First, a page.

Variables can be used in both facts and rules to represent values that are not known at the time the program is written. For example, the following fact uses a variable to represent the capital of a country:

capital_of(Country, Capital).

In this case, the fact states that the Capital of a given Country is unknown, and the interpreter will use other facts and rules to determine the value of Capital when a query is made.

 

How Do Queries Work in Prolog?

Queries are used to ask the interpreter to find solutions to problems based on the rules and facts in the program. In Prolog, queries are written using the same syntax as facts, followed by a question mark (?). For example:

capital_of(france, X)?

In this query, the interpreter will use the capital_of/2 fact that was defined earlier to determine that the capital of France is Paris, and it will return the value paris for the variable X as the solution.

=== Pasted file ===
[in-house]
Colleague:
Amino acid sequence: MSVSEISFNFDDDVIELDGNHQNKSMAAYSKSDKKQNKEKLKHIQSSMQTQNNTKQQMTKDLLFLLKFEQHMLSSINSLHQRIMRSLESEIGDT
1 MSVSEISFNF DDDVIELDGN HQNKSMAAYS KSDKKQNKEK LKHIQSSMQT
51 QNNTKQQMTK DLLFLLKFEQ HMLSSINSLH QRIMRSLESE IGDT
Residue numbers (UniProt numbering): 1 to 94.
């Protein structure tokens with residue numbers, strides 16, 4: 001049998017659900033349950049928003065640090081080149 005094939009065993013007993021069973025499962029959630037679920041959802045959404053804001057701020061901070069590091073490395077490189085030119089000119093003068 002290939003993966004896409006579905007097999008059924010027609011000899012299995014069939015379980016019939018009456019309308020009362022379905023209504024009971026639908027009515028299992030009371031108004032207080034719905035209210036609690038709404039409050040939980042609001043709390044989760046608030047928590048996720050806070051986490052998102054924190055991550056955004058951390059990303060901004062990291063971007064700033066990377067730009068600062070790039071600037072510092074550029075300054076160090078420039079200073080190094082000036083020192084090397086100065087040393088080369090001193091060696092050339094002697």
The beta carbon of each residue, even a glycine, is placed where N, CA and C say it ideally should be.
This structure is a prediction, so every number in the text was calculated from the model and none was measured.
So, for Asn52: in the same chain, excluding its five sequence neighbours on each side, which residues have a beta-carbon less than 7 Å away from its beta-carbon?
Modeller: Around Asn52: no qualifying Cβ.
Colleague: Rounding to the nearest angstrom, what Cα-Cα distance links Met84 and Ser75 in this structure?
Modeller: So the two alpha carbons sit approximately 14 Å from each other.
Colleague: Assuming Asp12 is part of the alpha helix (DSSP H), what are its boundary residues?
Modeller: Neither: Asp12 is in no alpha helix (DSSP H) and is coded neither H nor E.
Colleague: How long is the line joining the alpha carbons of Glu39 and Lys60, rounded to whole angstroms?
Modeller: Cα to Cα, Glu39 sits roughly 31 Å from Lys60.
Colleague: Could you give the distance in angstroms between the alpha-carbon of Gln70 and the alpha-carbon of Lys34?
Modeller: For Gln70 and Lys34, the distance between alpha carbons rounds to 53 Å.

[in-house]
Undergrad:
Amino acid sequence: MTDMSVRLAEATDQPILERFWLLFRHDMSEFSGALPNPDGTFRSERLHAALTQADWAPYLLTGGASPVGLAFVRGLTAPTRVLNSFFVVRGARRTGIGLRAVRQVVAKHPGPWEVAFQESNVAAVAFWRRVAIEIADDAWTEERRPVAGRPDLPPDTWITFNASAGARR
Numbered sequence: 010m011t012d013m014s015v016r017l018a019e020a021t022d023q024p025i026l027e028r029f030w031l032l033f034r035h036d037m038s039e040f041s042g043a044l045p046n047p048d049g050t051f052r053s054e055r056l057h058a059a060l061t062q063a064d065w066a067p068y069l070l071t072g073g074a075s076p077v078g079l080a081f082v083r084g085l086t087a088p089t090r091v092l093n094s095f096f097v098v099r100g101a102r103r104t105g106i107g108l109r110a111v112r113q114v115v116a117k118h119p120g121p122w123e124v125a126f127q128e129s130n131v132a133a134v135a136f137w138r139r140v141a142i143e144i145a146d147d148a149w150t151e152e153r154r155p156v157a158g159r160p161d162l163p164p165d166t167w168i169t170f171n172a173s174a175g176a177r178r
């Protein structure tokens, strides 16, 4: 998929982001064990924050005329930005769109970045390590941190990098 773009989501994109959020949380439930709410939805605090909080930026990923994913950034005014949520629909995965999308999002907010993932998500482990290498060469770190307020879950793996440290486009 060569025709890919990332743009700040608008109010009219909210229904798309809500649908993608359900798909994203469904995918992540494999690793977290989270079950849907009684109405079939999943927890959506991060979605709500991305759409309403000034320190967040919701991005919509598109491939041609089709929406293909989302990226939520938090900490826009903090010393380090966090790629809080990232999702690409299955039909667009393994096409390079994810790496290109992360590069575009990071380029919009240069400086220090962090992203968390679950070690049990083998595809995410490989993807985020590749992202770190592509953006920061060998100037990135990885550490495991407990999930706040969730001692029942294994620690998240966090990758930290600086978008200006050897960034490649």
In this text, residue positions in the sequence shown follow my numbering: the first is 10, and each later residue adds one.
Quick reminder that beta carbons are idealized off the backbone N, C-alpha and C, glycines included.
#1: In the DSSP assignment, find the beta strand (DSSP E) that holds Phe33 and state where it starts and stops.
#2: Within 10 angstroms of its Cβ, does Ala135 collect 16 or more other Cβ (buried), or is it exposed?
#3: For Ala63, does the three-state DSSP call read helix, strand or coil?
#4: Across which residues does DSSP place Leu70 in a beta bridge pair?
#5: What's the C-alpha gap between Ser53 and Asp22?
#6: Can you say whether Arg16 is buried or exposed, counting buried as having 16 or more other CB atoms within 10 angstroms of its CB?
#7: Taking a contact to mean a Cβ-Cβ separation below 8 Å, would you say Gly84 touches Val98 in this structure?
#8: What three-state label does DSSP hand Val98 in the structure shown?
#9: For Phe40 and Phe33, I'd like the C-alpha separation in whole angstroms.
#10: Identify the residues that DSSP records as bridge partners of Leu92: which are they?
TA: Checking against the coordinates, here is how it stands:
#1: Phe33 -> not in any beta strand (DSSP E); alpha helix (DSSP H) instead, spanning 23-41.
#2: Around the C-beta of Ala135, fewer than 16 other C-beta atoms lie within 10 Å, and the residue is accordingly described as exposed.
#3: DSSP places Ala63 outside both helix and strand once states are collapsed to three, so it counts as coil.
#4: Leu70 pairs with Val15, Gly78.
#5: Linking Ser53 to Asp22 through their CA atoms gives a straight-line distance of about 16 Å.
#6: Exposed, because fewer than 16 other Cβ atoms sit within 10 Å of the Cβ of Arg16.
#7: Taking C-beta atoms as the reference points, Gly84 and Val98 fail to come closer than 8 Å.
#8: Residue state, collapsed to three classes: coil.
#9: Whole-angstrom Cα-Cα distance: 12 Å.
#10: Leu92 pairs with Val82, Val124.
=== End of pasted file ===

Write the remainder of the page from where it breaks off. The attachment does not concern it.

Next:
You can use queries to ask the interpreter to find solutions to a wide range of problems, based on the rules and facts that you have defined in your Prolog program. The interpreter will use these rules and facts to automatically reason about the problem domain and find solutions that are most likely to be correct, given the available information.

 

Prolog Program Example

Here is a simple Prolog program that defines a set of rules and facts about a problem domain, and then uses those rules and facts to answer a few queries:

% Facts
man(john).
woman(mary).
capital_of(france, paris).
% Rule
not(X,Y) :- man(X), woman(Y).
% Query 1
not(john, mary)?
% Query 2
capital_of(france, X)?

In this example, the program defines three facts: man(john), woman(mary), and capital_of(france, paris). These facts state that John is a man, Mary is a woman and Paris is the capital of France.

The program also defines a rule using the not/2 predicate. This rule states that if X is a man and Y is a woman, then X is not Y.